62% neutral. Interesting. And actually what's interesting is that there's lot of people who didn't vote, that actually don't have an opinion. Or they can't figure out the one, two and three. Wall Street's been downgrading talent for a while now. Just kidding. All right, next question. In your opinion, through-cycle EPS growth for Rockwell Automation will be above peers, in line with peers or below peers. At EPS growth through the cycle, please vote.

[Voting]

Scott R. Davis - Barclays Capital, Research Division

Wow, there's a lot of people who certainly don't have an opinion. A lot of people don't own the stock, who don't have an opinion, but they think the growth rate's above peers. So therefore, it must be a valuation question. So we've got to continue moving to get the answer to that. Let's go the next one, then. I wouldn't do this otherwise. In your opinion, what should Rockwell Automation do with excess cash? And we haven't talked about that yet today, but M&A as the first 2; bolt-on or larger; share repurchases, dividends; pay down debt; or internal? So, please vote.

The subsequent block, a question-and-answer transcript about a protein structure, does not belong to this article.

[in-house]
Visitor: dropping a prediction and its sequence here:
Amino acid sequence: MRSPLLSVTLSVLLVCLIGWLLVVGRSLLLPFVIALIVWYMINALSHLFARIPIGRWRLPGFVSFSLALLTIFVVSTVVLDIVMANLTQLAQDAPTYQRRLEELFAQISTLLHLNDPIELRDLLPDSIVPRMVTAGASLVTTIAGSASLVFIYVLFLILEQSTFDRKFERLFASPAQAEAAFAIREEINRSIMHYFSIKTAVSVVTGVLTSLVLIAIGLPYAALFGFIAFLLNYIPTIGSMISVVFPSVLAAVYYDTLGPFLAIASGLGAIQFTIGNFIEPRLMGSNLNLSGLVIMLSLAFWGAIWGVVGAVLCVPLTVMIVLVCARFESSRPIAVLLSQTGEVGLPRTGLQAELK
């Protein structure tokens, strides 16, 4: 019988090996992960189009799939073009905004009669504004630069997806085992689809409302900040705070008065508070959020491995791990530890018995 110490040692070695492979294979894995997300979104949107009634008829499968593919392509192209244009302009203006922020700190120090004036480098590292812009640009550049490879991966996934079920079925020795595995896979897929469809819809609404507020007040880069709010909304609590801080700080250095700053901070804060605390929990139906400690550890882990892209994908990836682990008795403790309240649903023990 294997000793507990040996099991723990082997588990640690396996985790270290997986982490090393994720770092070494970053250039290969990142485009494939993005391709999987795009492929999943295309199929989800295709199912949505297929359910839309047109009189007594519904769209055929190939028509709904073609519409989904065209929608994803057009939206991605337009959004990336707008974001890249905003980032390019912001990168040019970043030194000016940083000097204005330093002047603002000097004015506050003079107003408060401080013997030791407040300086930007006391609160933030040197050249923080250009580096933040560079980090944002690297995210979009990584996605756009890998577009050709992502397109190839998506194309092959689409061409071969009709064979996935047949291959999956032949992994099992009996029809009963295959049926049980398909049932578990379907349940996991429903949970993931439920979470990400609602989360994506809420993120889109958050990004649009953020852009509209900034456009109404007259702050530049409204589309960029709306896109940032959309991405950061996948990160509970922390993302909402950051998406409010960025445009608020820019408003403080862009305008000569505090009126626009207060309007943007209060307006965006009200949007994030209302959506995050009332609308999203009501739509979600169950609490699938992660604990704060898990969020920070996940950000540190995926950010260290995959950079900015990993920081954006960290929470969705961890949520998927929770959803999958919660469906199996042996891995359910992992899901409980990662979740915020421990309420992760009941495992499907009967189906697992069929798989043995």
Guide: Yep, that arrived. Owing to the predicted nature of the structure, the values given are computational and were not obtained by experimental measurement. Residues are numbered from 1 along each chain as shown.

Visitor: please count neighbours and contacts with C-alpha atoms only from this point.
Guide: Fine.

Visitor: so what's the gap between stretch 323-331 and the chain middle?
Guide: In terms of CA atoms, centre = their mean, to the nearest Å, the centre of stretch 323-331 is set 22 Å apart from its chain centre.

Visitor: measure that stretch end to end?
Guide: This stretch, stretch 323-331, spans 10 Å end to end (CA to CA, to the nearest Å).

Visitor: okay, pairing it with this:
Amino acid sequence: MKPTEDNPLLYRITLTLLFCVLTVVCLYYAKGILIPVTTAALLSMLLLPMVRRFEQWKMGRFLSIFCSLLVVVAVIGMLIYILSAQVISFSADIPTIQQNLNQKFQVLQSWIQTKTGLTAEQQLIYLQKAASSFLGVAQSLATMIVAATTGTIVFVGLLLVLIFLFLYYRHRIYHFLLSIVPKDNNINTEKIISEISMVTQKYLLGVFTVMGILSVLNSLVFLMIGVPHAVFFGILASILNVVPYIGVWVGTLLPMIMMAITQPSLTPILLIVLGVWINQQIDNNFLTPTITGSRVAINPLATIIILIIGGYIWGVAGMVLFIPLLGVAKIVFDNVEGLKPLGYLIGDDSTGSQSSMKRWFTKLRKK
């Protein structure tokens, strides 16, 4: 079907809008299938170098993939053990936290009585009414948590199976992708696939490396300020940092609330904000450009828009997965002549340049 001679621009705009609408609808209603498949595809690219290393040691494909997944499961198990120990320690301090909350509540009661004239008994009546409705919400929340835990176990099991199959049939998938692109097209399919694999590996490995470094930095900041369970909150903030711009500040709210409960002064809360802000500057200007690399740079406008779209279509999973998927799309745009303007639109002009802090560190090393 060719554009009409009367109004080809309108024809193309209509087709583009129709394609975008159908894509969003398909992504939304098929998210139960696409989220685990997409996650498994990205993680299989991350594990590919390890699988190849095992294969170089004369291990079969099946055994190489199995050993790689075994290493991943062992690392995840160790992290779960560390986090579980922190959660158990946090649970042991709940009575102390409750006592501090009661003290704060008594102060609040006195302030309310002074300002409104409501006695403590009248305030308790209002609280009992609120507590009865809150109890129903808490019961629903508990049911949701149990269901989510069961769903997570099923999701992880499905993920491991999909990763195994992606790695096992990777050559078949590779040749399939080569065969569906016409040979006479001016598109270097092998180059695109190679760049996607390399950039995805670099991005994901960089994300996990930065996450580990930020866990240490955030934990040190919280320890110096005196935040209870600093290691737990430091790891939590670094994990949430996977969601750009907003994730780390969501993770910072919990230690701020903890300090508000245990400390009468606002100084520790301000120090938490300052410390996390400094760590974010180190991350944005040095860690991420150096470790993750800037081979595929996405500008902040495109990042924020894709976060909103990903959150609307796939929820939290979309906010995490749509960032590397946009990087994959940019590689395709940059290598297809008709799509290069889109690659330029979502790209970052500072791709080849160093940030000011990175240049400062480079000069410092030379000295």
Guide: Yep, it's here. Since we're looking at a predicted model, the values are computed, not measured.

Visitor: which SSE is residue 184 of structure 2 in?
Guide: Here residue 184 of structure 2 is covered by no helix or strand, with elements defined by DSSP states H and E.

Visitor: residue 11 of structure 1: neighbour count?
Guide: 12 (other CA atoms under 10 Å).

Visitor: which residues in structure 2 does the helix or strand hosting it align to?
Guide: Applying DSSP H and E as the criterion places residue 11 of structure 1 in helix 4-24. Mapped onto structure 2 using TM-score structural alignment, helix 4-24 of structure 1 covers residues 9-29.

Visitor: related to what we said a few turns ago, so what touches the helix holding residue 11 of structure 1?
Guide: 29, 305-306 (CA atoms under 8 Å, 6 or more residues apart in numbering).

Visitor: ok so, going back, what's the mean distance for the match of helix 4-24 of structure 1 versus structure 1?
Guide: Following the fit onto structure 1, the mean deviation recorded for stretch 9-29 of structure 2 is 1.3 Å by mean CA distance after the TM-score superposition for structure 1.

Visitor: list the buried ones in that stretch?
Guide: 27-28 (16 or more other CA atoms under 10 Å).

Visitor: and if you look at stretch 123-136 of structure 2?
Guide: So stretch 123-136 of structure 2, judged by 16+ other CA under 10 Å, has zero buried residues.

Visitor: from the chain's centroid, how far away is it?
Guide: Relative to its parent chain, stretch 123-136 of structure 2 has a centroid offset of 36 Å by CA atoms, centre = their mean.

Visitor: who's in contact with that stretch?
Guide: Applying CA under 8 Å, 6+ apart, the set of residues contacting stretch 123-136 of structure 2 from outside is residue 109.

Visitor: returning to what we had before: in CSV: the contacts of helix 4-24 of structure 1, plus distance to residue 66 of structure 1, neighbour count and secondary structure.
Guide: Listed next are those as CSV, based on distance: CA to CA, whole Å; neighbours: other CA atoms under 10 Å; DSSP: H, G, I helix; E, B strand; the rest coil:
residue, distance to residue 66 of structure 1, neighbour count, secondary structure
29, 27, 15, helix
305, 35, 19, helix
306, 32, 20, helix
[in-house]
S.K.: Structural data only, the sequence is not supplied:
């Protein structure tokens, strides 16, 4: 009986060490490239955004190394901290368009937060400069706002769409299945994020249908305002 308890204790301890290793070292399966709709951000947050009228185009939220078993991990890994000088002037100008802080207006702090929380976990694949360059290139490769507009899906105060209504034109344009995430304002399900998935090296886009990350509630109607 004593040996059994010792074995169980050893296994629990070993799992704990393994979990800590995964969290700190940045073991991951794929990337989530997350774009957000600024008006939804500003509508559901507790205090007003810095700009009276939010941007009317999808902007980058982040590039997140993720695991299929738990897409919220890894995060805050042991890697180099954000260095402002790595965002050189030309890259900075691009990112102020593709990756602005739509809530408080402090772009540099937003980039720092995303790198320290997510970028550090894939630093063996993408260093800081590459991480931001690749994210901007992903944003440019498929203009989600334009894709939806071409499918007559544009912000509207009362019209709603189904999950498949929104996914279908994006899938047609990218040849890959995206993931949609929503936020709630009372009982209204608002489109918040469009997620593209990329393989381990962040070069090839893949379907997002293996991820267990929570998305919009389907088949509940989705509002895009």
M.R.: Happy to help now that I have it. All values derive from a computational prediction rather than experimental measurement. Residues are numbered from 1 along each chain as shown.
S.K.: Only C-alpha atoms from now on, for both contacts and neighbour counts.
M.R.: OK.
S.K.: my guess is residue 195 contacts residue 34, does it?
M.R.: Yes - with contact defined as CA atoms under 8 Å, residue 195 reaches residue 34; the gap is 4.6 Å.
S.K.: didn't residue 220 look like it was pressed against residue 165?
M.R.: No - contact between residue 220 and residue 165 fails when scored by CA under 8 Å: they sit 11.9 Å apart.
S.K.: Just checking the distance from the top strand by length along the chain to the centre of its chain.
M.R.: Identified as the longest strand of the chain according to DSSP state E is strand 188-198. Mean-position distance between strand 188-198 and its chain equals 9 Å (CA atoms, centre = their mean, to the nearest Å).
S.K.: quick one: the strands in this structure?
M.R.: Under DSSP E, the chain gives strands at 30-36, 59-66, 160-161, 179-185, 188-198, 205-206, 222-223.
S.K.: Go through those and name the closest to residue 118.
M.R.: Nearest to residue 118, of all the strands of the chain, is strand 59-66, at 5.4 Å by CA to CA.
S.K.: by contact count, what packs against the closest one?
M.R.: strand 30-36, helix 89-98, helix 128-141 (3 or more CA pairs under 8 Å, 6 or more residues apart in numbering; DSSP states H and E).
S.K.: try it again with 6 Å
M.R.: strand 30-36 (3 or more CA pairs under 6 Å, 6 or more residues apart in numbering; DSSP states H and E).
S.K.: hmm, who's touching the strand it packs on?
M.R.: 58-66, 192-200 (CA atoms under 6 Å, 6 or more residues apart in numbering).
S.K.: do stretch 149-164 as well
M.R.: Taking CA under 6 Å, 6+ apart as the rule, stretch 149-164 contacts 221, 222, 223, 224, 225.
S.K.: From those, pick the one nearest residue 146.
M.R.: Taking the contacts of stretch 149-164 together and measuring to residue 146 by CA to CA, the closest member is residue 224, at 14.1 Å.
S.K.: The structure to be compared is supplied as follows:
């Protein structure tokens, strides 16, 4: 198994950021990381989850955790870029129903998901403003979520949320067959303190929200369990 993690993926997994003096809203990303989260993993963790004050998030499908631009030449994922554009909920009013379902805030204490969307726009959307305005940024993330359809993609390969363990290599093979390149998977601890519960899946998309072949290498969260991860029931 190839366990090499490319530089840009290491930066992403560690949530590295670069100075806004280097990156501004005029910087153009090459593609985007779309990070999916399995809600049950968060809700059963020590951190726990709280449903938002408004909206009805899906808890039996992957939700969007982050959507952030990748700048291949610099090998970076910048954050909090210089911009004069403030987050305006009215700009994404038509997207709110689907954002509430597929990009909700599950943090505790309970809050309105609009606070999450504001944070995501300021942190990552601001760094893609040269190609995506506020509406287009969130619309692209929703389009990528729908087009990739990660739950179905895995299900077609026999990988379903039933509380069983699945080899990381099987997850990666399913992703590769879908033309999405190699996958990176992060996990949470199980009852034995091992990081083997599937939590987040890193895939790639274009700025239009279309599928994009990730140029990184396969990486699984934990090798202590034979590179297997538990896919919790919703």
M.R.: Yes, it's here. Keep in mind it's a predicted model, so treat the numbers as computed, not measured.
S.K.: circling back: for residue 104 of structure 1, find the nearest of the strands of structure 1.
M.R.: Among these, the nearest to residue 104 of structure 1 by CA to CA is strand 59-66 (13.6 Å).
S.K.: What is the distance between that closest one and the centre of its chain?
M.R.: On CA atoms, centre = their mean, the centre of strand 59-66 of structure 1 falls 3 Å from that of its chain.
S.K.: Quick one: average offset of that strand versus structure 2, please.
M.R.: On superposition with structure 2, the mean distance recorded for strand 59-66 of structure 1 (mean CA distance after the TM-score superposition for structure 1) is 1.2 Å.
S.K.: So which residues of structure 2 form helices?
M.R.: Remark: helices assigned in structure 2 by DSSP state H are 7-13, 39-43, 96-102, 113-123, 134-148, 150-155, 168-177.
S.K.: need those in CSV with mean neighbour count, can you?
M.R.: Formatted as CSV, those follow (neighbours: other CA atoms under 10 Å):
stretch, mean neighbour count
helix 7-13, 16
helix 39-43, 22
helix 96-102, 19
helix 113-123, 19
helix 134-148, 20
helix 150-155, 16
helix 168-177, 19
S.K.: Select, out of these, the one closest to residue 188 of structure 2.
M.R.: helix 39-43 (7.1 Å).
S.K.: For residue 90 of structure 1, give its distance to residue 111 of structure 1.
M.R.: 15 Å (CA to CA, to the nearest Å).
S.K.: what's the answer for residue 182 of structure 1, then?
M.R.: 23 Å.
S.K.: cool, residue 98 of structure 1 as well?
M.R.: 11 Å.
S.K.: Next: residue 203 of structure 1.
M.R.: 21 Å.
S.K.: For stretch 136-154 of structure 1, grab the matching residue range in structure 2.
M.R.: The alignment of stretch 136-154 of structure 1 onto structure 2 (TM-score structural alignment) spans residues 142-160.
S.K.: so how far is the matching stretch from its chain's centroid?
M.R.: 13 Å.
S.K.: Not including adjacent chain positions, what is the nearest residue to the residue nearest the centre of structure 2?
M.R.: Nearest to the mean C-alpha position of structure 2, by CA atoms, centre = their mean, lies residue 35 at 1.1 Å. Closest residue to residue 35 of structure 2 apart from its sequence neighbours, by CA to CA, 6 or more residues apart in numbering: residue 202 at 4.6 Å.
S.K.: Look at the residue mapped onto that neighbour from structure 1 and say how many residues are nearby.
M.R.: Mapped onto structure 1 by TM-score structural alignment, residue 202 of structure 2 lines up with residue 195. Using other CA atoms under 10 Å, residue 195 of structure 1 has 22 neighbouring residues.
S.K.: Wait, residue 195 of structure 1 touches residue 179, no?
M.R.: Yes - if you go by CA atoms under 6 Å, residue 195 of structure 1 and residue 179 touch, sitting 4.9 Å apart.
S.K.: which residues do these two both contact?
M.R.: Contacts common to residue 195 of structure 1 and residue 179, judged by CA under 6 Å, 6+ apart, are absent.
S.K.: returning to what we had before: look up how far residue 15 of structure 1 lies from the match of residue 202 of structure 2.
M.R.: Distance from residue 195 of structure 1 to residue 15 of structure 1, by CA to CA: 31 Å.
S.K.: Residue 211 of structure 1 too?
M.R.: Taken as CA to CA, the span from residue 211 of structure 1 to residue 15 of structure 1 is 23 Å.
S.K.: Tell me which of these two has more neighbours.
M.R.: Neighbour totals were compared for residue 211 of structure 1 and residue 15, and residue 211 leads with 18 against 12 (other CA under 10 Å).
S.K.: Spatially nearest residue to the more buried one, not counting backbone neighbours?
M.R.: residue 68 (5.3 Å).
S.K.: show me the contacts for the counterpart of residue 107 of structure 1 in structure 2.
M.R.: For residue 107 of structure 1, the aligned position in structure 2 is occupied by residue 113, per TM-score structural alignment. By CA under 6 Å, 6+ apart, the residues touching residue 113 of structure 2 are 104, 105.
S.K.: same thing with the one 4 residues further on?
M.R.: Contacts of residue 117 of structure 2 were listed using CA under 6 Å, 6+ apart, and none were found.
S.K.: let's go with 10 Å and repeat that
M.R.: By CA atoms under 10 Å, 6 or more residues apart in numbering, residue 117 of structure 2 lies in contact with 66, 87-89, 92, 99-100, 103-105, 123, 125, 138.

[Voting]

Scott R. Davis - Barclays Capital, Research Division

Really spread out. That is amazing. There is no consensus view. When I tell you to buy back stock, you can just point to this and say...

Keith D. Nosbusch

Listen to the audience, listen to the audience.

Scott R. Davis - Barclays Capital, Research Division

Yes, you're not reflecting the true view of investors who have, obviously, very different views. Okay. So let's keep moving then. Let's get to the next one. I think this is going to help maybe answer the question. In your opinion, what multiple of 2013 earnings should Rockwell Automation trade, that's PE 2013? So please vote.

[Voting]

Scott R. Davis - Barclays Capital, Research Division

Okay. Very similar to what we're getting for all the other companies. Almost identical, and so therefore people must view your stock as maybe too expensive? Which I want to address that -- I want to address that in a second. But let's do the last question first. What do you see as the most significant investment issue for Rockwell Automation? Core growth, margin performance, capital deployment or execution strategy? Please vote.

[Voting]

Scott R. Davis - Barclays Capital, Research Division